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Catholic Church to start health insurance scheme

By Juliet Lukwago

Added 14th October 2019 04:38 PM

People will pay an agreed amount of money as premium to the respective health centres.

People will pay an agreed amount of money as premium to the respective health centres.

Kampala Archdiocese is its final stages of rolling out its first-ever health insurance scheme to communities served by church-founded health centres. 

According to the first Vicar General in charge of health services, Msgr. Charles Kasibante, this will benefit people being served by the 21 health centres under Rubaga Archdiocese, including four hospitals of Kisubi, Nkozi, Lubaga and Nsambya.

The health centres are St Ulrika Kiziba, St Francis Naddangira, and St Charles Jinja- Kalooli, Kijabijo in Gayaza, St Kizito Bwaise and St Magdalene Lweza.

Others are St Joseph Buyege, Benedict Medical Centre, Bbiina, St Yakobo-Buzaabalyawo Ggoli, and St Anthony, Mitala-Maria, St Luke Kkonge, St Monica Katende, St Joseph Nswanjere, Nabbingo and Katereke Muzinda in Nsangi.

"The Church cares for the body and soul. A heathy soul needs a healthy body," Msgr. Kasibante said during the opening of St Luke Health Centre III, Kkonge under St Matia-Mulumba sub-parish.

He also said many people do not go for treatment because they do not have money for emergencies.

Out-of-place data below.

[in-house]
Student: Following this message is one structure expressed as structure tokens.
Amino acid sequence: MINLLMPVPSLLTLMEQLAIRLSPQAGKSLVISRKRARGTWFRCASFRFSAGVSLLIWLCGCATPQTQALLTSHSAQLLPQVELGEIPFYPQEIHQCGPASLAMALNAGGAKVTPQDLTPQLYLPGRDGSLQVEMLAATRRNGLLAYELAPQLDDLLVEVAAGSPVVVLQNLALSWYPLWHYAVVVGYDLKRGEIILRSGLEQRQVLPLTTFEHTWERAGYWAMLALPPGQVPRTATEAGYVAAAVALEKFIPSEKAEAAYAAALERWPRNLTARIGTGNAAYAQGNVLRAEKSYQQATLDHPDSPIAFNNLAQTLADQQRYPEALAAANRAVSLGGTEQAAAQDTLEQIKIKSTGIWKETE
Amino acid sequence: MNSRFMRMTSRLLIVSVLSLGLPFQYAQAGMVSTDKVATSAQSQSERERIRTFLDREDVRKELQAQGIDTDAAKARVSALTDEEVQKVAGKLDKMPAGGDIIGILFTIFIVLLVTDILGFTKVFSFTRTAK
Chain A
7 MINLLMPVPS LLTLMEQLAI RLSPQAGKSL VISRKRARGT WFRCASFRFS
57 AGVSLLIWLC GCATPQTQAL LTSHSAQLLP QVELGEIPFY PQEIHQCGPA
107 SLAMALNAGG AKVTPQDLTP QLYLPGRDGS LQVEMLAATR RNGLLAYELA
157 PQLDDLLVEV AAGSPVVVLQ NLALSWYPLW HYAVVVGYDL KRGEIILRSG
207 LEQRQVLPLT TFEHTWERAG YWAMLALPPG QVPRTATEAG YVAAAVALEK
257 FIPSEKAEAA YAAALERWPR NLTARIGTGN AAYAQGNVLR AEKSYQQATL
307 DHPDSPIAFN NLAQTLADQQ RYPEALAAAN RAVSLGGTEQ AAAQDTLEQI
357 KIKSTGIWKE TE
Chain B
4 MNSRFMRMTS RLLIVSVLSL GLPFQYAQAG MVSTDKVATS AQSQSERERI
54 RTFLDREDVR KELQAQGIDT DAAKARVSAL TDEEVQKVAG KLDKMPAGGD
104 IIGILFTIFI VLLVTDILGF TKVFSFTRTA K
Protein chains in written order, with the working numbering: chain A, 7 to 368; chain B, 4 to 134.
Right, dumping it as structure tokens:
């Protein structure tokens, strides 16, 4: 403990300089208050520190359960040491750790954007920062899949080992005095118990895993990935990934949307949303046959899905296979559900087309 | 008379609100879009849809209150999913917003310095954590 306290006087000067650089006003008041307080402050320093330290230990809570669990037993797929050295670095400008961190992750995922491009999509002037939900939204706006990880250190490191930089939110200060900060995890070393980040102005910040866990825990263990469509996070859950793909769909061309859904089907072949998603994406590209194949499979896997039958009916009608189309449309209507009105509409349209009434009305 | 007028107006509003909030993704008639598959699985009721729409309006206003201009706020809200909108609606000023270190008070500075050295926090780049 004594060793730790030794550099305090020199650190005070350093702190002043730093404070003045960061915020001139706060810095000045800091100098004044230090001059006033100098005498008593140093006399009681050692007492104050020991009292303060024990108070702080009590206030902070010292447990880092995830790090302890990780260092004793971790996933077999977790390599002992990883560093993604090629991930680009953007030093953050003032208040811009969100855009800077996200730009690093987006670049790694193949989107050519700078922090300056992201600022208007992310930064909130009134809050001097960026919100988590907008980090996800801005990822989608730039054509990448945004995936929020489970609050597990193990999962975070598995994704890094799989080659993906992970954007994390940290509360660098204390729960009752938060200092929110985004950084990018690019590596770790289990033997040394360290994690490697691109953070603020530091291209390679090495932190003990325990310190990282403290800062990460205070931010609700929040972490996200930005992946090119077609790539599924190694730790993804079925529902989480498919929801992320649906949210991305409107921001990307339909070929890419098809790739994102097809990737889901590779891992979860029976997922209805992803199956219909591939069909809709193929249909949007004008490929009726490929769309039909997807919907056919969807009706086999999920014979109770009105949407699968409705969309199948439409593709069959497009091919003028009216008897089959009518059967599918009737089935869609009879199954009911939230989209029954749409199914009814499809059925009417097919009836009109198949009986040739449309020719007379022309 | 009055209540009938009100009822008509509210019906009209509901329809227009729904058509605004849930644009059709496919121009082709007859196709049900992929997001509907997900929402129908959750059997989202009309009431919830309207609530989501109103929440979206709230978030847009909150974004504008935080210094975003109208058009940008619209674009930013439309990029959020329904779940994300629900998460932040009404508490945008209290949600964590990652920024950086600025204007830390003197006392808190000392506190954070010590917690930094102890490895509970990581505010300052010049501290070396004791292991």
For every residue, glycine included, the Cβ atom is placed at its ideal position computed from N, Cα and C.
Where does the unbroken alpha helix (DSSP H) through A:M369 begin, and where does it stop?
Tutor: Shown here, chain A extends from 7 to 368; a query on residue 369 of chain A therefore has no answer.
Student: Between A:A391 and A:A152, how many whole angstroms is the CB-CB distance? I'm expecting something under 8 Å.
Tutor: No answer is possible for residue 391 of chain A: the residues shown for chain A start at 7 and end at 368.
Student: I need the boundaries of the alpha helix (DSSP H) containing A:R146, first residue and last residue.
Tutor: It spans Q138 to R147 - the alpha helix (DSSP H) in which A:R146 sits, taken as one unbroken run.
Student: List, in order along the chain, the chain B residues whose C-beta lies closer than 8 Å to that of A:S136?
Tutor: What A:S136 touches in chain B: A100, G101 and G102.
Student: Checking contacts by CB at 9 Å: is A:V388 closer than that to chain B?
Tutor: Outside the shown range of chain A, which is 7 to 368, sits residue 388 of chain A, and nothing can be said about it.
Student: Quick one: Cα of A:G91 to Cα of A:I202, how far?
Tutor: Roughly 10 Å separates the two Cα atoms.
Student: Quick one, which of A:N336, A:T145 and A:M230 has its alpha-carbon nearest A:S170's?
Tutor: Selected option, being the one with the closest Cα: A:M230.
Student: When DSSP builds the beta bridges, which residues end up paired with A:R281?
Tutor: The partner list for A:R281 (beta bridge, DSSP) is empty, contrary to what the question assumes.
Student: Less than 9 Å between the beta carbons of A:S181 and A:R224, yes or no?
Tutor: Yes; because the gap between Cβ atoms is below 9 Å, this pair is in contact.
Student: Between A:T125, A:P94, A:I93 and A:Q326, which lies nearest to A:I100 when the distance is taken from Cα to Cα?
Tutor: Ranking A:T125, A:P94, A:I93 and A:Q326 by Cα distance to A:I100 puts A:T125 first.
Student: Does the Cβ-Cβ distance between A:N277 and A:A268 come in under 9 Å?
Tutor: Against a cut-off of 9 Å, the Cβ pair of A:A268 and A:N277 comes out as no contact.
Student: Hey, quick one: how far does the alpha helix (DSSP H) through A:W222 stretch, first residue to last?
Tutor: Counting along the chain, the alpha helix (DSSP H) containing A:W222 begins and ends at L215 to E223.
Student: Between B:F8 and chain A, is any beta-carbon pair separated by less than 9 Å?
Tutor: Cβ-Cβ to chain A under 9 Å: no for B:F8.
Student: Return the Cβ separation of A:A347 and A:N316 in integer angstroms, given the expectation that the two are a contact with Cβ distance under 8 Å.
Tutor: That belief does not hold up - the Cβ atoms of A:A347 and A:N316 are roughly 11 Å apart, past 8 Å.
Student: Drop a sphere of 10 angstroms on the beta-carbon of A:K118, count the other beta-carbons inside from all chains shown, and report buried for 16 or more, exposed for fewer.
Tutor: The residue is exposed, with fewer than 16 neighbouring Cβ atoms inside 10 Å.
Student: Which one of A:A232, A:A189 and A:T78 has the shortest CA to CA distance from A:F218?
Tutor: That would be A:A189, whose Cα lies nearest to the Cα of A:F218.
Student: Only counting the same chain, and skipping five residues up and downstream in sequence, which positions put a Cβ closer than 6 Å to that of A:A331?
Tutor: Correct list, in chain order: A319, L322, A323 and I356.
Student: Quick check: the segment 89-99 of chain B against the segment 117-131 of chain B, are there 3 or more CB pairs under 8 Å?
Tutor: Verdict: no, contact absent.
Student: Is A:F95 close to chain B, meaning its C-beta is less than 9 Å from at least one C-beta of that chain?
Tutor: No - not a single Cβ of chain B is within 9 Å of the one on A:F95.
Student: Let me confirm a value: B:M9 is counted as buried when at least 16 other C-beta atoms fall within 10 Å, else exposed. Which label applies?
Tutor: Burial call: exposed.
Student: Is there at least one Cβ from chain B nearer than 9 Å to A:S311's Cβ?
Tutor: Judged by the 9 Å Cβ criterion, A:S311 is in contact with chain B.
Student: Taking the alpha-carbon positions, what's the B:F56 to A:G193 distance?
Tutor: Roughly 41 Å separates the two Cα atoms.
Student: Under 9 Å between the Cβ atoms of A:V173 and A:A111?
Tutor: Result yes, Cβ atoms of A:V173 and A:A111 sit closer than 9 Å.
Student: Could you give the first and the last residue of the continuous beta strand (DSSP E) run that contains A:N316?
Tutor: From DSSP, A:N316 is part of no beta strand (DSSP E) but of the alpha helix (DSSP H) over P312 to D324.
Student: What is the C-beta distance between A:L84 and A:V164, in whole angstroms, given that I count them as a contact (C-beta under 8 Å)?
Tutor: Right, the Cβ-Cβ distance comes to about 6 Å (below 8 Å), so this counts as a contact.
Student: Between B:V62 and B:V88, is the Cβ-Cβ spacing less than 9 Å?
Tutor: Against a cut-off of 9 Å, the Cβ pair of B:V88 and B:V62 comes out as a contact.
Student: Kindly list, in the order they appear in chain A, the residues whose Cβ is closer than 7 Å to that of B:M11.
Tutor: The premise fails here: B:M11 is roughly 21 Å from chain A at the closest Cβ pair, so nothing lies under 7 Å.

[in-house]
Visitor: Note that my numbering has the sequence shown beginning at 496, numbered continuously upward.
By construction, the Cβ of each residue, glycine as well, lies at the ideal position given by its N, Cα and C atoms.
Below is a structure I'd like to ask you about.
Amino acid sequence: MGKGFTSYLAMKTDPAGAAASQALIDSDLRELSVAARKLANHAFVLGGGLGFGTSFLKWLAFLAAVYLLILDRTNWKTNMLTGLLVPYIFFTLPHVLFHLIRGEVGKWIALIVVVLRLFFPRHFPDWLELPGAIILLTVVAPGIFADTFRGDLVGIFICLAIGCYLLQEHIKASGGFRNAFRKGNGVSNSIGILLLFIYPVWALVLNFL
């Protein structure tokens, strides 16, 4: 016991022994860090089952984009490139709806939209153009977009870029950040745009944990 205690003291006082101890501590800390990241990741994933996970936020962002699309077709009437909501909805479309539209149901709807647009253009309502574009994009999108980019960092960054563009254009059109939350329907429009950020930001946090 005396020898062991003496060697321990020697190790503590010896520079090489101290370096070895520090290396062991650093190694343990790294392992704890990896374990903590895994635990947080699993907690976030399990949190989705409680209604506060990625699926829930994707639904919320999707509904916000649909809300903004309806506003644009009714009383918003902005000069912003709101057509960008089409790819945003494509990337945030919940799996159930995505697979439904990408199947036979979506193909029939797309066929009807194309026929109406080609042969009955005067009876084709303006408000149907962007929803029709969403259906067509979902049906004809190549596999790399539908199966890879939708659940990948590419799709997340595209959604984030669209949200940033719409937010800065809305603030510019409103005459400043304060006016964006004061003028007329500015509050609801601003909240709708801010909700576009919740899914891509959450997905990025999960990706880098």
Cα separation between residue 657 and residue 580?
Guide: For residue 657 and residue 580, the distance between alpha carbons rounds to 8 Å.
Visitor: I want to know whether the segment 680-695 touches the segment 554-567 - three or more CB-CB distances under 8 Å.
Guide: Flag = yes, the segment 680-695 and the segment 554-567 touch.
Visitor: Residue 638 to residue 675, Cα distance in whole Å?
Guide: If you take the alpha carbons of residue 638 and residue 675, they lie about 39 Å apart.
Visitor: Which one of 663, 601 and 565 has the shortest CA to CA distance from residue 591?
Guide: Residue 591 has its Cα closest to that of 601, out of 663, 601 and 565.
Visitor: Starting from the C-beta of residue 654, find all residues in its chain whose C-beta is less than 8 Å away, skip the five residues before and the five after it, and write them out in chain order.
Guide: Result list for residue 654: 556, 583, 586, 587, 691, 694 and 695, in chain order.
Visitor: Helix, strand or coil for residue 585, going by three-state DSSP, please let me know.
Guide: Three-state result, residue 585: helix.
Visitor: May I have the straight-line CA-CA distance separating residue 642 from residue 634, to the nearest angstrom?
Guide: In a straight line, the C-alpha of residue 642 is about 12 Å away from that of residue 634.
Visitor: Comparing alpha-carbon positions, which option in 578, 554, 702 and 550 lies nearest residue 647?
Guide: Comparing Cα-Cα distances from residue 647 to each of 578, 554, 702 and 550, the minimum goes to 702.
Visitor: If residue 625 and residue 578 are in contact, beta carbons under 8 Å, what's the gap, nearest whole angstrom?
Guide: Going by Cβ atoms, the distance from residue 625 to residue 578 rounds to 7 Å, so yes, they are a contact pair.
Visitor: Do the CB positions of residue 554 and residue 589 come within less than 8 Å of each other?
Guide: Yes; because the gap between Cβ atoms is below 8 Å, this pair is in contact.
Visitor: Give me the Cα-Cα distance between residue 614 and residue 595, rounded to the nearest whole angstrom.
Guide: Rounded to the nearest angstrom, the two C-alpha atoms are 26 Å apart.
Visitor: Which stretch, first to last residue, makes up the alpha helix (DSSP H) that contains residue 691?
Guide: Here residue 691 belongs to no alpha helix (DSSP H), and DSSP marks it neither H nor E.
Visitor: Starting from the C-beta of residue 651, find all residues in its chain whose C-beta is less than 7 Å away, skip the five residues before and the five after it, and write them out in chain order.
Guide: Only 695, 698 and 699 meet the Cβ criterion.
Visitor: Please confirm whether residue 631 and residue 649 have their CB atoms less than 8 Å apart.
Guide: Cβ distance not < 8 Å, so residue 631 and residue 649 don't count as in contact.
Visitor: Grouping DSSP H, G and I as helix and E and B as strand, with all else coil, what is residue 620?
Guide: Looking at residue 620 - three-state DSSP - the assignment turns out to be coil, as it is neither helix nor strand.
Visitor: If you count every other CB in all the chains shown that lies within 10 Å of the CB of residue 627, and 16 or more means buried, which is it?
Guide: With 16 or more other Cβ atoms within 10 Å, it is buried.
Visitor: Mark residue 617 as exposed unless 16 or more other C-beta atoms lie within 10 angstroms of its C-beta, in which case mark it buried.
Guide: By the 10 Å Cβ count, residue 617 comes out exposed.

"If someone registers with the community insurance, they will be able to access free medical treatment any time," he said. St Luke Health Centre III was built with the assistance of Raskob Foundation for Catholic activities in America.


HOW IT WILL WORK

According to the Archdiocesan health coordinator, Sr Mary Pauline Nayiga, the system is designed to work with local communities and their health centres. 

People will pay an agreed amount of money as premium to the respective health centres. "Members will be entitled to treatment even beyond the premium they paid. Many Ugandans tend to ignore medical checkups and only run to hospitals when it is too late. 

Now they will go for consultations without fearing the financial implications," she said. Nayiga said the process is being finalized. "We had training as service providers and managers in July. 

We are now moving around explaining and popularising the project. Our aim is to first deal with registered SACCOS and groups, such as bodaboda cyclists, farmers and traders' associations, who may wish to pay for their members. Then we shall register and take in individual families. 

Healthcare providers who wish to participate will be assessed, accredited and trained," she said.

So far, the amount of money per year has not been set. Nayiga says it will depend on individual health centres, but what was decided on was that the annual premium can be paid in quarterly instalments.

"Our tentative arrangement is for health centres to register groups or individual members who enrol with at least four dependents. 

There is no age limit, no exclusions in terms of religion, women, tribe or area of abode," she said. Nayiga noted that the scheme is not for profit, but to improve health service delivery. 

This comes on the heels of a Government scheme to provide national health insurance, which has dragged on for years since 2013, when it was first proposed. According to government statistics, over 41% of expenditure on health services is out of pocket by households, while 42% is by donors.


The Government contributes 15%. Community-based health insurance schemes were first created in 1995 in Kisiizi Hospital, Rukungiri district. By 2018, there were 26 schemes, many of them in the southern part of the country. 

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